Falling Skies: 308 “Strange Brew” Review
Reviewed by James Wynne.
I said of “Be Silent and Come Out” that it was the third season’s pinnacle thus far, and the same man responsible for that episode, John Wirth, has penned its successor to that accolade: “Strange Brew” (we’ll just ignore his only other contribution, “Badlands”, on the basis that it was his first experience writing for Falling Skies). It not only surpasses every other episode to precede it this year, it royally blows them out of the water.
After Tom’s naïve heroics in the closing moments of last week’s outing, here he finds himself waking up to a normal life with his wife and children, free of Earth’s alien invaders – albeit, with vague flashes of his experiences fighting the Espheni still plaguing his dreams. The immediate assumption is that we have flashed back to some point prior to the alien’s arrival, due to Tom’s curiously youthful appearance, but the ages of Matt and Ben put pay to that theory, as well as reflection on the fact that Tom has those memories of events that couldn’t possibly have predated the invasion.
It transpires that Tom is experiencing some sort of Inception-styled, forcibly induced dream state on Karen’s behalf. The normality of his life in the dream world is permeated by a subtle undercurrent of minaciousness from the very start, as people he’s fought alongside against the aliens haunt him like ghosts of his past. Weaver; Anthony; Pope; even Cochise is there in human form, as Mr. C (Doug Jones out of the Volm prosthetics is one for the eagle-eyed). It’s as though all of them are personifications of his subconscious, warding him from succumbing to Karen’s manipulative tactics.
It really illustrates, without the usual gross over sentimentality, the importance of the human bonds Tom has forged. His reliance on his friends to always point him in the right direction is synonymous with the character, and it’s utilised to great effect, even if it is another story beat inspired by Christopher Nolan’s Inception.
What’s remarkable is that all of the usual pitfalls of Falling Skies as a series are avoided here. The Masons aren’t depicted as some sickeningly idyllic family; a trap that would be so easy to fall into for a show that all too often veers down the clichéd route of storytelling. And, as with his stellar central use of Hal Mason in “Be Silent and Come Out”, John Wirth turns in a similarly unrivalled utilisation of Tom Mason. He seems to have a real talent for getting into the very depths of the characters he spotlights and routing out what’s most likely to relate to the audience (i.e. Tom’s compulsive heroism is a consequence of him having been unable to save the woman he loved/loves, which only compounds his unwavering determination to rescue Anne and Alexis).
There’s yet more ‘Inceptional’ storytelling, as the aforementioned film’s motif of a “dream within a dream” is also replicated in the episode. Tom’s initial awakening is not what it seems, as, just with Saito’s polyester deduction, the peculiar labelling of some maps in Charleston’s planning room alerts Tom to the fact that he is in fact ‘still dreaming’.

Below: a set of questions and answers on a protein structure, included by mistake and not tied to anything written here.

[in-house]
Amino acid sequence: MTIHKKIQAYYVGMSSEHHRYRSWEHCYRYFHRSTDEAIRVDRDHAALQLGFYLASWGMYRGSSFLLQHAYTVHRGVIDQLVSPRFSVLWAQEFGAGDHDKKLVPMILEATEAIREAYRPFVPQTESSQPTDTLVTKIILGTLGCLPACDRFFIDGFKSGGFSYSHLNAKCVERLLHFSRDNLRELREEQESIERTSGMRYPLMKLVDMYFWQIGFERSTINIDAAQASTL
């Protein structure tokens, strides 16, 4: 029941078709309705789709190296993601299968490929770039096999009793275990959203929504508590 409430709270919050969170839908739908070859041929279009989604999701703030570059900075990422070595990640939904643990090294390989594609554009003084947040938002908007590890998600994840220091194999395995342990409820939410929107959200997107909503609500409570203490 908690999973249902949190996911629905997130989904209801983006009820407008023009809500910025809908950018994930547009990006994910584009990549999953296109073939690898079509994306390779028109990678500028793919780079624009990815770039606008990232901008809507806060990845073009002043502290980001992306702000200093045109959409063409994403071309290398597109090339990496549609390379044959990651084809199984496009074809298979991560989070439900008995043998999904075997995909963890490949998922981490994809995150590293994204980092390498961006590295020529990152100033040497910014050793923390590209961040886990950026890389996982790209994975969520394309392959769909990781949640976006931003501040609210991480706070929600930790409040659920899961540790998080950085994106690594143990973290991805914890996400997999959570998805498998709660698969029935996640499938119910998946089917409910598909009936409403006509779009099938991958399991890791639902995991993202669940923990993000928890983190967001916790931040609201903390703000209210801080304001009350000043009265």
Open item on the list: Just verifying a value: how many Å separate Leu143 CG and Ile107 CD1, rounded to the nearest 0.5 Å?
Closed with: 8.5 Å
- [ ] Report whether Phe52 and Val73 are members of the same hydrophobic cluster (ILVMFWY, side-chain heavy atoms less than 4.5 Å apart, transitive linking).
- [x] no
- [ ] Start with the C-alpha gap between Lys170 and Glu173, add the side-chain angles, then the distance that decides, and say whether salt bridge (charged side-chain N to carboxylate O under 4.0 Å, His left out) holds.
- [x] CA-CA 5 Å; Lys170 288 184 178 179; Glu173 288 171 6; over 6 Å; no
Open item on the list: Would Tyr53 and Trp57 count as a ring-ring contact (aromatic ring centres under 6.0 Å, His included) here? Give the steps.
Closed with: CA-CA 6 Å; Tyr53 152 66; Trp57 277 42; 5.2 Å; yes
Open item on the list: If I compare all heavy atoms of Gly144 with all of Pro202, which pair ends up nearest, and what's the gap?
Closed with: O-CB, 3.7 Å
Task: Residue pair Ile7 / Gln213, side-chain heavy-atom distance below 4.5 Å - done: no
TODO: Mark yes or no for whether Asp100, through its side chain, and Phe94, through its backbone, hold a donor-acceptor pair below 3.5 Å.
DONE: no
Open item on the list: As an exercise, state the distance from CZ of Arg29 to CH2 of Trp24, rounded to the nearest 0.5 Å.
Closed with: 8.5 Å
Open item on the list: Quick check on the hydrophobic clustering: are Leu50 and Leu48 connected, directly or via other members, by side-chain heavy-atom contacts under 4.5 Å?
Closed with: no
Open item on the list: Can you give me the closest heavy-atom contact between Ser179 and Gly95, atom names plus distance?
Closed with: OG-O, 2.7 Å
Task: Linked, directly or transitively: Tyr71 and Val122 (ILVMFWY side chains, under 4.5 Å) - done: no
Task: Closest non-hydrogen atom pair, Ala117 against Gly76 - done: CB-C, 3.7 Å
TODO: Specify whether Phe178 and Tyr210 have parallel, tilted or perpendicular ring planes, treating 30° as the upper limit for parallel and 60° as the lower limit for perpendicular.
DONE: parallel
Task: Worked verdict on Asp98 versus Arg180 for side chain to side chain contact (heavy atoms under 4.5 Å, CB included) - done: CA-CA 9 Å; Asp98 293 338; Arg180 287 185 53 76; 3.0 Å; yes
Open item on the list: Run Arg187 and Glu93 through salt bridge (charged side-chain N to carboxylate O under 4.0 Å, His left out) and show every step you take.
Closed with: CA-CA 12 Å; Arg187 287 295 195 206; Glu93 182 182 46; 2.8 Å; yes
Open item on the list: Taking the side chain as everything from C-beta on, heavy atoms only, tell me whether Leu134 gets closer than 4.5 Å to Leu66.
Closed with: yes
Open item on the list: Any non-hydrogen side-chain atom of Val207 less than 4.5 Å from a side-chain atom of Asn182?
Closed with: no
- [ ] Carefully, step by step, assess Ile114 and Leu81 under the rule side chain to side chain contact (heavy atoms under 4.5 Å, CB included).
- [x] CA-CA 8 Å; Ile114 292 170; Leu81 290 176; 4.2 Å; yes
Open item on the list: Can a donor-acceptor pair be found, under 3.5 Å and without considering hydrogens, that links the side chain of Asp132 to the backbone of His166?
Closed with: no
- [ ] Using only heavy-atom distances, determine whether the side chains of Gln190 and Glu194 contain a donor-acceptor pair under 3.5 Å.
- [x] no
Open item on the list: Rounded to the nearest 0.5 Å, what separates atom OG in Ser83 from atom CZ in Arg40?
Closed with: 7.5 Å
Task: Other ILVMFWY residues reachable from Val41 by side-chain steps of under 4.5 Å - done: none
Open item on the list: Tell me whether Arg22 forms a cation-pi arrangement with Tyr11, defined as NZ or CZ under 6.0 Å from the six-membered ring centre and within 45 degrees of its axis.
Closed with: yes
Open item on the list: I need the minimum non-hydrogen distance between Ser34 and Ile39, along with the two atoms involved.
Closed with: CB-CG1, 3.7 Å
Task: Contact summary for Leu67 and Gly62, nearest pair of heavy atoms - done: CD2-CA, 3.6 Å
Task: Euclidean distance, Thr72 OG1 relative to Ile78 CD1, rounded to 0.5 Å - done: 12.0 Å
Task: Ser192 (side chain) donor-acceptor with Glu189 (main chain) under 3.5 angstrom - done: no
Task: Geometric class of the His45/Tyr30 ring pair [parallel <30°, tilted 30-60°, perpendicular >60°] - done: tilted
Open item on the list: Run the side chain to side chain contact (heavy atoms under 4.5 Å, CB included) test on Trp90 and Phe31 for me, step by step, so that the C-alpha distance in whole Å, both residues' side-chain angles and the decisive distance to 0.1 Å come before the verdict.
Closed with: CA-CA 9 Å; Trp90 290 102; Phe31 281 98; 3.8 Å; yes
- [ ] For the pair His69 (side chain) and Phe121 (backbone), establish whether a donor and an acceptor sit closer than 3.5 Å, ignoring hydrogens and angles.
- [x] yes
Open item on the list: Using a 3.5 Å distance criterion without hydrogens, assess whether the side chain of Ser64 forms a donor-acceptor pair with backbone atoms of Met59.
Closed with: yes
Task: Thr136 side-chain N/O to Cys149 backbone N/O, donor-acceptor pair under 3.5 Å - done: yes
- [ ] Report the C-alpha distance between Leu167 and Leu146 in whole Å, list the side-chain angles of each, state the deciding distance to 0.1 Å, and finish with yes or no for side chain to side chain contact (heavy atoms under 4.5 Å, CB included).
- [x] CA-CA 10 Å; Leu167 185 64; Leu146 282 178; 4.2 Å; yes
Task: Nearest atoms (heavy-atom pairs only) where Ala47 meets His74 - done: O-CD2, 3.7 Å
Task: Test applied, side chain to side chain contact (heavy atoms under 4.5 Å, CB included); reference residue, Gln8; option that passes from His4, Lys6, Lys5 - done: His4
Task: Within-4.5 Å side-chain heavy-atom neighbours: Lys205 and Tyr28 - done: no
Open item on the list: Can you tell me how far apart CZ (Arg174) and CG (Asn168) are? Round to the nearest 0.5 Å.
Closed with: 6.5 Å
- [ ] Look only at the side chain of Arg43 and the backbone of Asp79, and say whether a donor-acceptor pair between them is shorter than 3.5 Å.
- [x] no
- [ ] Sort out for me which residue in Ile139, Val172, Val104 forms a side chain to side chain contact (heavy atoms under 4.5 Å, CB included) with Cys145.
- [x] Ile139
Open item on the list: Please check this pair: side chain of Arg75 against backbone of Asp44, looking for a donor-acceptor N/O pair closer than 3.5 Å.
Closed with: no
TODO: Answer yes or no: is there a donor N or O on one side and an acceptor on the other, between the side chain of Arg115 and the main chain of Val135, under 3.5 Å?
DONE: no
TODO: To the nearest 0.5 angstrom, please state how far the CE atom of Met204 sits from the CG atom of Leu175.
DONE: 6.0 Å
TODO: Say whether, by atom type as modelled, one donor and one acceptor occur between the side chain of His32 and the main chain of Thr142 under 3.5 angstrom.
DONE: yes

The Espheni’s means of inducing the dream is decidedly more gruesome than the PASIV Dream Machine of Inception. It’s a wonderful, parasitically stylised, cognitive piece of technology that latches onto the victim’s face with its many tendrils; congruent to the rest of the Espheni’s symbiotic technologies. And poor old Tom is forced to undergo the painful ordeal of its removal not once, but twice.
Meanwhile, Tom’s belief that Anne and Alexis have perished, and his rekindled anguish over his deceased wife, Rebecca (Jennifer Ferrin), should pose some interesting new avenues to be explored with his character. The scenes between him and the hallucinatory visage of his wife were some of the most genuinely touching moments in the show to date. Noah Wyle was on fine form for the whole episode (although, he was briefly overshadowed by Colin Cunningham’s alternate John Pope, hilariously preaching philosophies and still antagonising Tom, but with some uncharacteristic sophistication), but Tom’s pain and torment over losing his wife was conveyed with some exceptional pathos, and is Wyle’s most commendable piece of acting this season.
I do have two very minor criticisms to conclude this review with (so minor as to be almost dismissible, in fact): Tom’s escape – whilst a great display of the character’s intuitiveness – was a little bit too easy (why did Karen not pursue?); the supposed deaths of Anne and Alexis are also an obvious red herring (Falling Skies is unlikely to have killed such pivotal characters off screen). But this episode gets so much so right, that my above criticisms are of virtual insignificance in the grand scheme of things.
Falling Skies has essentially attempted a direct adaptation of Inception with “Strange Brew”, and it’s done it so incredibly well; delineating many of the film’s best elements and harmoniously integrating them with the series’ own motifs. When Falling Skies is this good, there’s no doubt that it deserves to be mentioned in the same breath as programmes like The Walking Dead and Game of Thrones.